The Structure of World History: From Modes of Production to Modes of Exchange

Duke University Press
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In this major, paradigm-shifting work, Kojin Karatani systematically re-reads Marx's version of world history, shifting the focus of critique from modes of production to modes of exchange. Karatani seeks to understand both Capital-Nation-State, the interlocking system that is the dominant form of modern global society, and the possibilities for superseding it. In The Structure of World History, he traces different modes of exchange, including the pooling of resources that characterizes nomadic tribes, the gift exchange systems developed after the adoption of fixed-settlement agriculture, the exchange of obedience for protection that arises with the emergence of the state, the commodity exchanges that characterize capitalism, and, finally, a future mode of exchange based on the return of gift exchange, albeit modified for the contemporary moment. He argues that this final stage—marking the overcoming of capital, nation, and state—is best understood in light of Kant's writings on eternal peace. The Structure of World History is in many ways the capstone of Karatani's brilliant career, yet it also signals new directions in his thought.
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About the author

Kojin Karatani is an internationally renowned theorist and philosopher. Previously, he was a professor at Hosei University in Tokyo, Kinki University in Osaka, and Columbia University. Among the dozens of books that he has written in Japanese, four have been translated into English: History and Repetition; Transcritique: Kant and Marx; Architecture as Metaphor: Language, Number, Money; and Origins of Modern Japanese Literature, which is also published by Duke University Press.

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Additional Information

Publisher
Duke University Press
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Published on
Mar 5, 2014
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Pages
376
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ISBN
9780822376682
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Language
English
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Genres
History / World
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Content Protection
This content is DRM protected.
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Available on Android devices
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Eligible for Family Library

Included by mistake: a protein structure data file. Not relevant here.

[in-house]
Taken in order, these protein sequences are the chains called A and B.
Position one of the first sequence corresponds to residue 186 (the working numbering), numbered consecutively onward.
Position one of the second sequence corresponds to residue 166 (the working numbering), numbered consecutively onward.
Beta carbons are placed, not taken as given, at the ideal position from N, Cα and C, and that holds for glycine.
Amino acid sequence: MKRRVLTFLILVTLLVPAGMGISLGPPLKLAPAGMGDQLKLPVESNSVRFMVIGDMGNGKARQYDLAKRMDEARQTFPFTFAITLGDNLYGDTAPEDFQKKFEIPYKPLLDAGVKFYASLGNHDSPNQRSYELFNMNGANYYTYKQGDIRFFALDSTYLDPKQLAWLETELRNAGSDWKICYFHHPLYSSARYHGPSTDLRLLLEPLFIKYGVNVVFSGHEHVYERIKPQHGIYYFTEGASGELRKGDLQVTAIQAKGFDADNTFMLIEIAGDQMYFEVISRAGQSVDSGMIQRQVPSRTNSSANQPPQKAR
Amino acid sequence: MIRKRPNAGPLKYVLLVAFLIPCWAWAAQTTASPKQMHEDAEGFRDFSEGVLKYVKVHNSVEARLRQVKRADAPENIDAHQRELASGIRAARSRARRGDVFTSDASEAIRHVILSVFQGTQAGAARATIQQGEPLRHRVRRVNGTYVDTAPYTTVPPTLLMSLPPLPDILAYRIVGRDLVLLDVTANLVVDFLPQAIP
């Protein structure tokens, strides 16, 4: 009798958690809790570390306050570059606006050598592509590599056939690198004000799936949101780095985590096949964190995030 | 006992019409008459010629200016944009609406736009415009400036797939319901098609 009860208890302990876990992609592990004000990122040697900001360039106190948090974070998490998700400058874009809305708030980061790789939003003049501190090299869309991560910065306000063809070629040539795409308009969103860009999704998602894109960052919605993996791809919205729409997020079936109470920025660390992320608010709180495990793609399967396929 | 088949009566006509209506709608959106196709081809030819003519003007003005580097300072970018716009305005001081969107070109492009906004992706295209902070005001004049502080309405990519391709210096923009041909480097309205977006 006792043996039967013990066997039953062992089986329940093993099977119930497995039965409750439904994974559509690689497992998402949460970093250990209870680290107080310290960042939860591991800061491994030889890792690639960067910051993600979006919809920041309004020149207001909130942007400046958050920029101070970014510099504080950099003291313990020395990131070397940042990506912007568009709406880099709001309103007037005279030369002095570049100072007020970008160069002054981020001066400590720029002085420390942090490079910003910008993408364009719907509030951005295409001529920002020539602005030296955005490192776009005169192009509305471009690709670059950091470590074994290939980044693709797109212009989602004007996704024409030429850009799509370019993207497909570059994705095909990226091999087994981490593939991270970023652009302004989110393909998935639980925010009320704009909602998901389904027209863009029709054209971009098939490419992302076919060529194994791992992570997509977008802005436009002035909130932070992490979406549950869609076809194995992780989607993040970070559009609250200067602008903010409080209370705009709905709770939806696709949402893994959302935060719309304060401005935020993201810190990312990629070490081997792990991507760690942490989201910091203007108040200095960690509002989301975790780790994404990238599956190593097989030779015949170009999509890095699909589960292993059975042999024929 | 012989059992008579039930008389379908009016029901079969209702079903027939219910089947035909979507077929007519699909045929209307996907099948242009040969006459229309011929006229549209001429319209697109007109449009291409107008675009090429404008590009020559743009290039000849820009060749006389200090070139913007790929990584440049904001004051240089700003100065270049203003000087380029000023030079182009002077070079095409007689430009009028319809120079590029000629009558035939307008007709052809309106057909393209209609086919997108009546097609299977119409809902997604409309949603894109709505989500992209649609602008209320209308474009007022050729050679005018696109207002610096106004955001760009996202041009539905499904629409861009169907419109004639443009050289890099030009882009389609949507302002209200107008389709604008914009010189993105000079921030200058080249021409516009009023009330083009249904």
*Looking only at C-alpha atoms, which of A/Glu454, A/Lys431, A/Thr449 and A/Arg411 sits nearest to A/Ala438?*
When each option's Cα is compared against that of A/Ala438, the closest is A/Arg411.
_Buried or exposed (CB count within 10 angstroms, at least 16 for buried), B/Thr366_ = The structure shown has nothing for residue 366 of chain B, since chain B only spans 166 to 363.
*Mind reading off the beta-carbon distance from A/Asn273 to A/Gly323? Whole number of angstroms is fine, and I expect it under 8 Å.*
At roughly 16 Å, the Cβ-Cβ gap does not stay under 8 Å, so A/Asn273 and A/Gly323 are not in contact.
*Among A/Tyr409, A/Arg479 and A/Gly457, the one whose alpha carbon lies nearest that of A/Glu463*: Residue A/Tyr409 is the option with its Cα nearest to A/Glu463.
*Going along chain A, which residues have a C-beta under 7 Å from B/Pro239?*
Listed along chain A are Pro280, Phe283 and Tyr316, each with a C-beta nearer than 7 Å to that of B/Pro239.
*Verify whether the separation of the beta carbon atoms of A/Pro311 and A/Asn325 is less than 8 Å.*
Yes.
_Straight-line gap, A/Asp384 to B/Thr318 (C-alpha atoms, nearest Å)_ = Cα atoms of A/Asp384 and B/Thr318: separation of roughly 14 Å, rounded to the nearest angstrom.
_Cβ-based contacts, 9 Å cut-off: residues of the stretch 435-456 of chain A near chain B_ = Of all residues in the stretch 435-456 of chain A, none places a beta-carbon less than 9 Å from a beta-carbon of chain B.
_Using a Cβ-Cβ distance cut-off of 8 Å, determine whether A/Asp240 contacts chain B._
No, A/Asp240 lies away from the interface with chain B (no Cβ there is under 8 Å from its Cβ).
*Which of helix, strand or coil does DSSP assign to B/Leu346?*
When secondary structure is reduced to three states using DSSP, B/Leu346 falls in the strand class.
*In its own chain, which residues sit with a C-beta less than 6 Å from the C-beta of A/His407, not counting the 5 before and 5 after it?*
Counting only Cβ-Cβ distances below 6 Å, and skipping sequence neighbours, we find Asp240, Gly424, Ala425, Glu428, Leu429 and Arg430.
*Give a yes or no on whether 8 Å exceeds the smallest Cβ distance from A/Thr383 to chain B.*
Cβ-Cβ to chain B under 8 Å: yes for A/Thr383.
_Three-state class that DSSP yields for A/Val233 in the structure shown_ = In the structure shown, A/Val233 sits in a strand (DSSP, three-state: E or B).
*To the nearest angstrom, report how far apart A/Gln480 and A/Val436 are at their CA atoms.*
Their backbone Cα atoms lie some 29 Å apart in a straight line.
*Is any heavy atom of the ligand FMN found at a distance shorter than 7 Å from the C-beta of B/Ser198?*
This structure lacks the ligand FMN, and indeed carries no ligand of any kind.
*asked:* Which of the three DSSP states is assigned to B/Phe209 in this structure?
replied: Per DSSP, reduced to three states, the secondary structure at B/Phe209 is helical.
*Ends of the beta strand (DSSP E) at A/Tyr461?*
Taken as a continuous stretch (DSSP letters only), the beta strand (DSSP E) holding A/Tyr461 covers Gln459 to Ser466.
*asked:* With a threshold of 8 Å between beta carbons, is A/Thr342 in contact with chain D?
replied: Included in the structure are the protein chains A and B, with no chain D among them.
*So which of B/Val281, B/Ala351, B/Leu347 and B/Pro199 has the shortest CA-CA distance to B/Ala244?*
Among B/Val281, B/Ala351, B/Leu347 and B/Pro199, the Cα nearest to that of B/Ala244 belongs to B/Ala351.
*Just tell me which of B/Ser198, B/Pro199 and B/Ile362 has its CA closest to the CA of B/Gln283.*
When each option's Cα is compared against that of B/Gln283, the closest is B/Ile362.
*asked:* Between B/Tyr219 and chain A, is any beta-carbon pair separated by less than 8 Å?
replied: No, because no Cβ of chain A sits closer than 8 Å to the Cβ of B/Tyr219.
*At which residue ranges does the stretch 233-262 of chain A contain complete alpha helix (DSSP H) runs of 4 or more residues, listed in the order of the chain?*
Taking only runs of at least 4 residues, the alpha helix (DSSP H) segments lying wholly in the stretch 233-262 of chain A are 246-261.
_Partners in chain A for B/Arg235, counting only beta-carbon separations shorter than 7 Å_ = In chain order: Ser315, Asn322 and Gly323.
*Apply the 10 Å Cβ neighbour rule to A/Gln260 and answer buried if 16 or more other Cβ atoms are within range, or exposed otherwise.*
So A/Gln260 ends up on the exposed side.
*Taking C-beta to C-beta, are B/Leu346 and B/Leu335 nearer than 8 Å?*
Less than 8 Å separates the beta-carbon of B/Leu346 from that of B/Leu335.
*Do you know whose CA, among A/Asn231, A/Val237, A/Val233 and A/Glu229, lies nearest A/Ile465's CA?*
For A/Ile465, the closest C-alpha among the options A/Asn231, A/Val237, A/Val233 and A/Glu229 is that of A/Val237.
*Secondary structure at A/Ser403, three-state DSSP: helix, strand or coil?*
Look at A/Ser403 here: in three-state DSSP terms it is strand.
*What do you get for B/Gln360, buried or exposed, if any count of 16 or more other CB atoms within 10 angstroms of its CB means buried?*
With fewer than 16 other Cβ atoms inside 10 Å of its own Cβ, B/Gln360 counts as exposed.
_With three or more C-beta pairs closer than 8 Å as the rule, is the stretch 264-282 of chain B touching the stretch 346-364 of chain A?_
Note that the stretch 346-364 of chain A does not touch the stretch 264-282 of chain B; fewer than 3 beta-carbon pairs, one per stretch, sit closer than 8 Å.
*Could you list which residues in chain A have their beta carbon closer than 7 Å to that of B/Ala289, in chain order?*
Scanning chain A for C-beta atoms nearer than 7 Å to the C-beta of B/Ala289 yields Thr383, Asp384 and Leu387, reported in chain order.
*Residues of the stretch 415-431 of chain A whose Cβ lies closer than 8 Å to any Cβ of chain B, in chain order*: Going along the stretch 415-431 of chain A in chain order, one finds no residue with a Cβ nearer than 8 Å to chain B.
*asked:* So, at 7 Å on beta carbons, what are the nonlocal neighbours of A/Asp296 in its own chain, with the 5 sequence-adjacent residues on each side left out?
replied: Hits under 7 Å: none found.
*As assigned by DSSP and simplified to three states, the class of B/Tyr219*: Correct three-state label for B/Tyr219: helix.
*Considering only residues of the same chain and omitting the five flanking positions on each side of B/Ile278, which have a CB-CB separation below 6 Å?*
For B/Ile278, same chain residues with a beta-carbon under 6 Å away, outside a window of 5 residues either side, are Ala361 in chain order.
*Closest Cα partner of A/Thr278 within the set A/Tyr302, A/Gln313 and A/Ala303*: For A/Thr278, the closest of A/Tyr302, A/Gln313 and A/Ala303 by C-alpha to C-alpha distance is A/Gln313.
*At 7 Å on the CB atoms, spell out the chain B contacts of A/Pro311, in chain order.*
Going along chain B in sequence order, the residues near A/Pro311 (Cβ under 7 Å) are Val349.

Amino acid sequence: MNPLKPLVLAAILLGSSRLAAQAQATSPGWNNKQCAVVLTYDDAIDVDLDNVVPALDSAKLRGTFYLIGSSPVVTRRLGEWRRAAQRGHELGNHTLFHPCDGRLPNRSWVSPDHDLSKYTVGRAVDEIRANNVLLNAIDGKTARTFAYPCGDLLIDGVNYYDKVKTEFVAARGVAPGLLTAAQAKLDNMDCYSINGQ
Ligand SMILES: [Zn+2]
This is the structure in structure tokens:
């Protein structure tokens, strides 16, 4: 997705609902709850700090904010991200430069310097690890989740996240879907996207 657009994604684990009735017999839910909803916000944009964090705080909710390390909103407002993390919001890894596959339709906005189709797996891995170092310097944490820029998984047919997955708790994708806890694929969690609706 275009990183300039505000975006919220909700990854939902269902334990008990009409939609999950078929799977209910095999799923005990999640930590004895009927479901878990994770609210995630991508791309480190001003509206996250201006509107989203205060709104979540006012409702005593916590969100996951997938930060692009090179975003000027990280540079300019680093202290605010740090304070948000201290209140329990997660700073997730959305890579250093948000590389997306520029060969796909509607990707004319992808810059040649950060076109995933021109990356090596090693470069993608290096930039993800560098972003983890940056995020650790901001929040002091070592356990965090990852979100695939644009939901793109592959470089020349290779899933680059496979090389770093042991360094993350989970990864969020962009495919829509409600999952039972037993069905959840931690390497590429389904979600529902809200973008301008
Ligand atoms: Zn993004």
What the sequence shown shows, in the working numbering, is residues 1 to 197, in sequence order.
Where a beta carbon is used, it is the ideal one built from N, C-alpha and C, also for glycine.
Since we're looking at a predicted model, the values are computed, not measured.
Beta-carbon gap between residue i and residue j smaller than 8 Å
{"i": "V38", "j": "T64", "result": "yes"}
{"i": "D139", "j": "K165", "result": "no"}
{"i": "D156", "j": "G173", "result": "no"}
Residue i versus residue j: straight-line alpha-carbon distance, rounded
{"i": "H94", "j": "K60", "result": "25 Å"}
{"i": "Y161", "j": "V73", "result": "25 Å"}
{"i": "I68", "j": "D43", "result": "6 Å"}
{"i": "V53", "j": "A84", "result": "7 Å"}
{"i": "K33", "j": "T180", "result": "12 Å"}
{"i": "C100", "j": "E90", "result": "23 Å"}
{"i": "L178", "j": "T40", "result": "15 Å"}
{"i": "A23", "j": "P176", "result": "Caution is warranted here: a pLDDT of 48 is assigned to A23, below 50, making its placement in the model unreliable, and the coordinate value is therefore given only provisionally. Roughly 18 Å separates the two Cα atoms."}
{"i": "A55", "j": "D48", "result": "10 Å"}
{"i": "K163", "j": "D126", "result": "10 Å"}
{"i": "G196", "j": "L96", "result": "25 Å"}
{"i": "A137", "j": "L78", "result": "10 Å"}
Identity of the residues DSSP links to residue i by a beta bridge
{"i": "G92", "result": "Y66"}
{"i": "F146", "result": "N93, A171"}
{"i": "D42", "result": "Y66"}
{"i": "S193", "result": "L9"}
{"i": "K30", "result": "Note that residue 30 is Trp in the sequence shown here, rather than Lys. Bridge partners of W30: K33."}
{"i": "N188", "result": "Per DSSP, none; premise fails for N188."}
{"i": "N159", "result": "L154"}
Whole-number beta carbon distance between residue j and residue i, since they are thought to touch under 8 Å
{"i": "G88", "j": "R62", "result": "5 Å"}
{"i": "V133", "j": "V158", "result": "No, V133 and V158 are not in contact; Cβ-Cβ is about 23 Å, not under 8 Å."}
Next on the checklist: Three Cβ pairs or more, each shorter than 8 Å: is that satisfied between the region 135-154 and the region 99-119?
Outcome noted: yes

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Nation and Aesthetics is a unique attempt to examine the ambiguous nature of nationalism and nation by examining them through aesthetics. In this translation by Jonathan E. Abel, Darwin H. Tsen, and Hiroki Yoshikuni, Karatani grasps the modern social formation as a nexus of three different "modes of exchange", namely capital-nation-state. Nation here plays the role of complementing capitalism and the state. Benedict Anderson defined nation as an "imagined community". Through rethinking Kant, Karatani suggests that "imagination" here is not a mere fancy, but very real, in the sense that it mediates state and capital. Usually imagination is regarded as fancying what is not present here. Kant grasped imagination as a faculty to imagine what we can understand but cannot sense; that is, to say, a faculty to mediate reason and sensibility. This observation provided the foundation to Modern aesthetics, which in the course of time became an important source of nationalism. In Italy, Germany, and Japan, nationalism appeared as fascism. They found in aesthetics a moment to go beyond capitalism and the state. The key to go beyond nation, Karatani argues, lies also in the thoughts of Kant, a cosmopolitan and an advocate of a world republic. It is well-known that the League of Nations was formed after First World War under the influence of his "Perpetual Peace". Karatani draws attention to the overlooked fact that around the same time Freud made a radical revision of his notion of the "superego". Karatani introduces article nine of Japan's postwar constitution, which renounces the right to wage war, as a crystallization of Kant's ideal of peace and Freud's superego. By providing a unique explanation of, and ways to counter, current nationalistic and imperialistic tendencies, Nation and Aesthetics argues that theories of Kant and Freud, which are usually understood to contrast, are deeply linked and suggest ways to go beyond capital-nation-state.
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